Issue of March 22, 2015

Baguio Day Anniversary Issue
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The Human Factor

Last week’s supposed expose by an aide of presidential aunt Margarita Cojuangco about the tampering of ballots have shown, if not confirmed, what the Commission on Elections has been saying when it first introduced a computerized system in the casting of votes: the highest form of technology is only a parcel of the methods employed to ensure that elections were credible. Human intervention, for instance, vote buying, tampering, and flying voters could not be addressed by modernization – only proper education and genuine concern for reform by an individual and the electorate in general could we attain 100 percent honest elections.

Even as the allegations have yet to be proven, the affidavit of one Worthy Acosta detailing how he and several individuals tried to discredit the elections by tampering with the ballots, could be an indication that elsewhere in the country, there may have been attempts to defraud the polls.

Another point raised in the affidavit which we believe has already reached Comelec, but needs to be addressed is the presence of “syndicates” who, in exchange for a hefty sum, offer to candidates to manipulate election results by decrypting the source code of PCOS machines. Although largely unreported, many politicians bite the bait believing that high-tech rigging is possible.

As having credible elections remain a challenge for the Comelec, reforms in the system should be its continuing rallying call, especially now that another elections is nearing. We appreciate the fact that part of these reforms is the cleansing of voter registration records.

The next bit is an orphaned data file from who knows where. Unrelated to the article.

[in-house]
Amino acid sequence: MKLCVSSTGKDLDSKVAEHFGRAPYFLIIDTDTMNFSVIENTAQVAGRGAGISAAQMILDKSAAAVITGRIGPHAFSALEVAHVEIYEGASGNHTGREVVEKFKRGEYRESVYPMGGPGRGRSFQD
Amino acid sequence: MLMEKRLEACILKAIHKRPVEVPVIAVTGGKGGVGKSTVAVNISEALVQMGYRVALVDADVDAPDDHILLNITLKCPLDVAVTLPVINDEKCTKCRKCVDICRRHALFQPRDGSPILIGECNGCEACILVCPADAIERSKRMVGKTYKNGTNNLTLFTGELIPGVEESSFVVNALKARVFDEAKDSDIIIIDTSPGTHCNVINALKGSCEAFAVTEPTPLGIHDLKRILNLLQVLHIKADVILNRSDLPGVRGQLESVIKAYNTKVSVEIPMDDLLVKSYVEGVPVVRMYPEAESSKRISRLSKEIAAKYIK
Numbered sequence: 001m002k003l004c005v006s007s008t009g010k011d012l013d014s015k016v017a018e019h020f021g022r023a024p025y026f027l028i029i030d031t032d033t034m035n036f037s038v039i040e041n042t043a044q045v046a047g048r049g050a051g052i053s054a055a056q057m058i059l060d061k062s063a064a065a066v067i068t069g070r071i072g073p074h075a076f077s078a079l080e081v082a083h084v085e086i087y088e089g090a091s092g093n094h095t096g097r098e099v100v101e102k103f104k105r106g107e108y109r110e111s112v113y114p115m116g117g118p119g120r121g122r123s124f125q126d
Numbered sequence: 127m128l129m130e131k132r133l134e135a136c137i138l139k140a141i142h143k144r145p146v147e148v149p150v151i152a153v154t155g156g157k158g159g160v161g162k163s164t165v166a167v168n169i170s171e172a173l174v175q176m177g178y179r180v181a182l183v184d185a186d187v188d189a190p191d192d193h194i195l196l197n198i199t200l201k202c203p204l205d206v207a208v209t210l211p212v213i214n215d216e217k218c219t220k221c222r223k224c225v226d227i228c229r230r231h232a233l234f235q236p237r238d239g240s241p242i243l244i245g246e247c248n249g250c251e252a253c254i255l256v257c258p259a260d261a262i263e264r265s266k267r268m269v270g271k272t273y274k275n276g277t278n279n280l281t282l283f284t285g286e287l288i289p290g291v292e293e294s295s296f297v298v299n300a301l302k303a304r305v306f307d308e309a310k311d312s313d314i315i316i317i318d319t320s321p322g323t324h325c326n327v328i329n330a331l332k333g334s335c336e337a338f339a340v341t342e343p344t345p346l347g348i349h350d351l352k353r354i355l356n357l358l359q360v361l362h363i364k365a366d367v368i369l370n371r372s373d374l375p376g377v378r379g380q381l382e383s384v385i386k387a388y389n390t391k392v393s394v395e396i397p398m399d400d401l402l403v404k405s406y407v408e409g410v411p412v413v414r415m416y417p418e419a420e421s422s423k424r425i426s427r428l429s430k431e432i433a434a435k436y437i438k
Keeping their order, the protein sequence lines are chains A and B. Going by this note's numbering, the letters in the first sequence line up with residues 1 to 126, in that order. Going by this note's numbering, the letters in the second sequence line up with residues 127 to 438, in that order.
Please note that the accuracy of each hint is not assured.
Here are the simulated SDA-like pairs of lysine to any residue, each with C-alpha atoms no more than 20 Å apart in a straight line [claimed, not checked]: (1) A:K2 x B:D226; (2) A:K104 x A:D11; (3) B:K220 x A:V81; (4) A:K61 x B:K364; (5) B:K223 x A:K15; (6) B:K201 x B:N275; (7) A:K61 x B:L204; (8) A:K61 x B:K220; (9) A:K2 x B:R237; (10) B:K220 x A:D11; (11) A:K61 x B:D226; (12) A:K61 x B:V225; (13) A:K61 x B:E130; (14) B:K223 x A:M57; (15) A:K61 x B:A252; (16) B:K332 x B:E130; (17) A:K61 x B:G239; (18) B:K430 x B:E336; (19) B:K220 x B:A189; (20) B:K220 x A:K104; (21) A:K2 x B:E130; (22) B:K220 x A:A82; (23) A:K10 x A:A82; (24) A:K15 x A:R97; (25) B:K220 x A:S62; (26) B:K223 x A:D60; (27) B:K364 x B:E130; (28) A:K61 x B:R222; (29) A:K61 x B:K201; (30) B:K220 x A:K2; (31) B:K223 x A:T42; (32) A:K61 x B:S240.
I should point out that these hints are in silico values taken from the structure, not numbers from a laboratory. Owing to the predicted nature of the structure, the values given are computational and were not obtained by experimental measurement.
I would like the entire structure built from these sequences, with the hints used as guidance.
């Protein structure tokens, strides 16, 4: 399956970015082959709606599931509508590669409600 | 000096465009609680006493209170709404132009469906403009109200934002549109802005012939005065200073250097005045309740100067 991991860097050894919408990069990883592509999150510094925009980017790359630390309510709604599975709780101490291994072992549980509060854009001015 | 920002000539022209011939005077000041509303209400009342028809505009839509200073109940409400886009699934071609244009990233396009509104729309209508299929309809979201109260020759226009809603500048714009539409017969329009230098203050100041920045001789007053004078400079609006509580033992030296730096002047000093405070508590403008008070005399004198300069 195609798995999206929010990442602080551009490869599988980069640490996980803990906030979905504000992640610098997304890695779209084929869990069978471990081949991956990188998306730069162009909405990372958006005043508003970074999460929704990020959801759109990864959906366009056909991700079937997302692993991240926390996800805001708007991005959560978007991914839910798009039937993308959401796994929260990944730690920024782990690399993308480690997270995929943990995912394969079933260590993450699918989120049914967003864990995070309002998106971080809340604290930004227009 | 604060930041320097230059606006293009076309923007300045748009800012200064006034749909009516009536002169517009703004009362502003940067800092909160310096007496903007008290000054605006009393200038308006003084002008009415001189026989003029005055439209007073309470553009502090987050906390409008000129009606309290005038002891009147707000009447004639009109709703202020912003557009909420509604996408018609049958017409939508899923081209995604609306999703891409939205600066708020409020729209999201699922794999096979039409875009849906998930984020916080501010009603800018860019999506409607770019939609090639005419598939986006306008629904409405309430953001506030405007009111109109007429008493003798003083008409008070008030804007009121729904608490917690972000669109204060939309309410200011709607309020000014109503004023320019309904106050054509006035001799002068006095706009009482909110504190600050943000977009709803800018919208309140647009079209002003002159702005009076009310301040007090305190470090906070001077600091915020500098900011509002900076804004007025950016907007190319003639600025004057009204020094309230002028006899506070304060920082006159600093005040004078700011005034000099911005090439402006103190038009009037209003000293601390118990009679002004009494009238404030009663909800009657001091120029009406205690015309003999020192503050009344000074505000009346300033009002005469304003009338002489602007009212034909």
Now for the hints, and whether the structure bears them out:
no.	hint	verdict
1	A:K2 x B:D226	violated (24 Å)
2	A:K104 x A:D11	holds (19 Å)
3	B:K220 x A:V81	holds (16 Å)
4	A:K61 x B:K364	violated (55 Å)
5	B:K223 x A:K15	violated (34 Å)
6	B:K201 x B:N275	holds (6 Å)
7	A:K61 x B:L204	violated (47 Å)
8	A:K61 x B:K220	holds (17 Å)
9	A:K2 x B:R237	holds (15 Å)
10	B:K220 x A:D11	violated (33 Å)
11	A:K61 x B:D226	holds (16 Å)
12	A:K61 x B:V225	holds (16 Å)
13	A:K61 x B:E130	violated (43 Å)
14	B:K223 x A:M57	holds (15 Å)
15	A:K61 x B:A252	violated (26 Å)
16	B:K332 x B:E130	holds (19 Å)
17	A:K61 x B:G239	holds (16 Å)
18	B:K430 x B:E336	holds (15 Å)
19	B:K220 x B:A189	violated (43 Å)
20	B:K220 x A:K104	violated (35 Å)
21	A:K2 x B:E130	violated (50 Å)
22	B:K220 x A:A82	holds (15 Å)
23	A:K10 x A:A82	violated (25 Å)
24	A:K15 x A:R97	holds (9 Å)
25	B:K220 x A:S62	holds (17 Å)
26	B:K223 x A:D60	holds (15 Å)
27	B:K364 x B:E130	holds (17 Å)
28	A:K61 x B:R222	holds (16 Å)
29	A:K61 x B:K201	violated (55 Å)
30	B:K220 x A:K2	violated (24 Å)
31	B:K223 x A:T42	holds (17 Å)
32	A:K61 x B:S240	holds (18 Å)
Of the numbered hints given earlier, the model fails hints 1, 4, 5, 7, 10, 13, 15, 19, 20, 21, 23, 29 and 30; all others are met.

Similarly, local government units should help in ensuring that warehouses where ballots are kept are secure.

The report of the City Election Officer about the situation of the Baguio warehouse in the 2013 elections also brought up issues about the condition of warehouses in areas that are far from the prying eyes of the public and authorities.

The City Treasurer has already said that the Baguio warehouse is secure while the others charged of committing an election offense have questioned the integrity of Acosta. Yet authorities cannot discount the fact that if ballots are not properly handled, elections and ultimately the Comelec will always be tainted.

With several months more before the 2016 elections, the Comelec and cause-oriented groups should begin campaigning that the right of suffrage should be given utmost importance as not all is given a chance to choose their leaders in a democratic process. We hate to admit that even this have to be told the Filipino electorate repeatedly, but if this is what it takes to instill how privileged we are as a people, so be it.

Meantime, we await the Commission’s Law Department to come up with a ruling that would hold liable those who should, clear those who are innocent, and bring about continuing improvement in the system.



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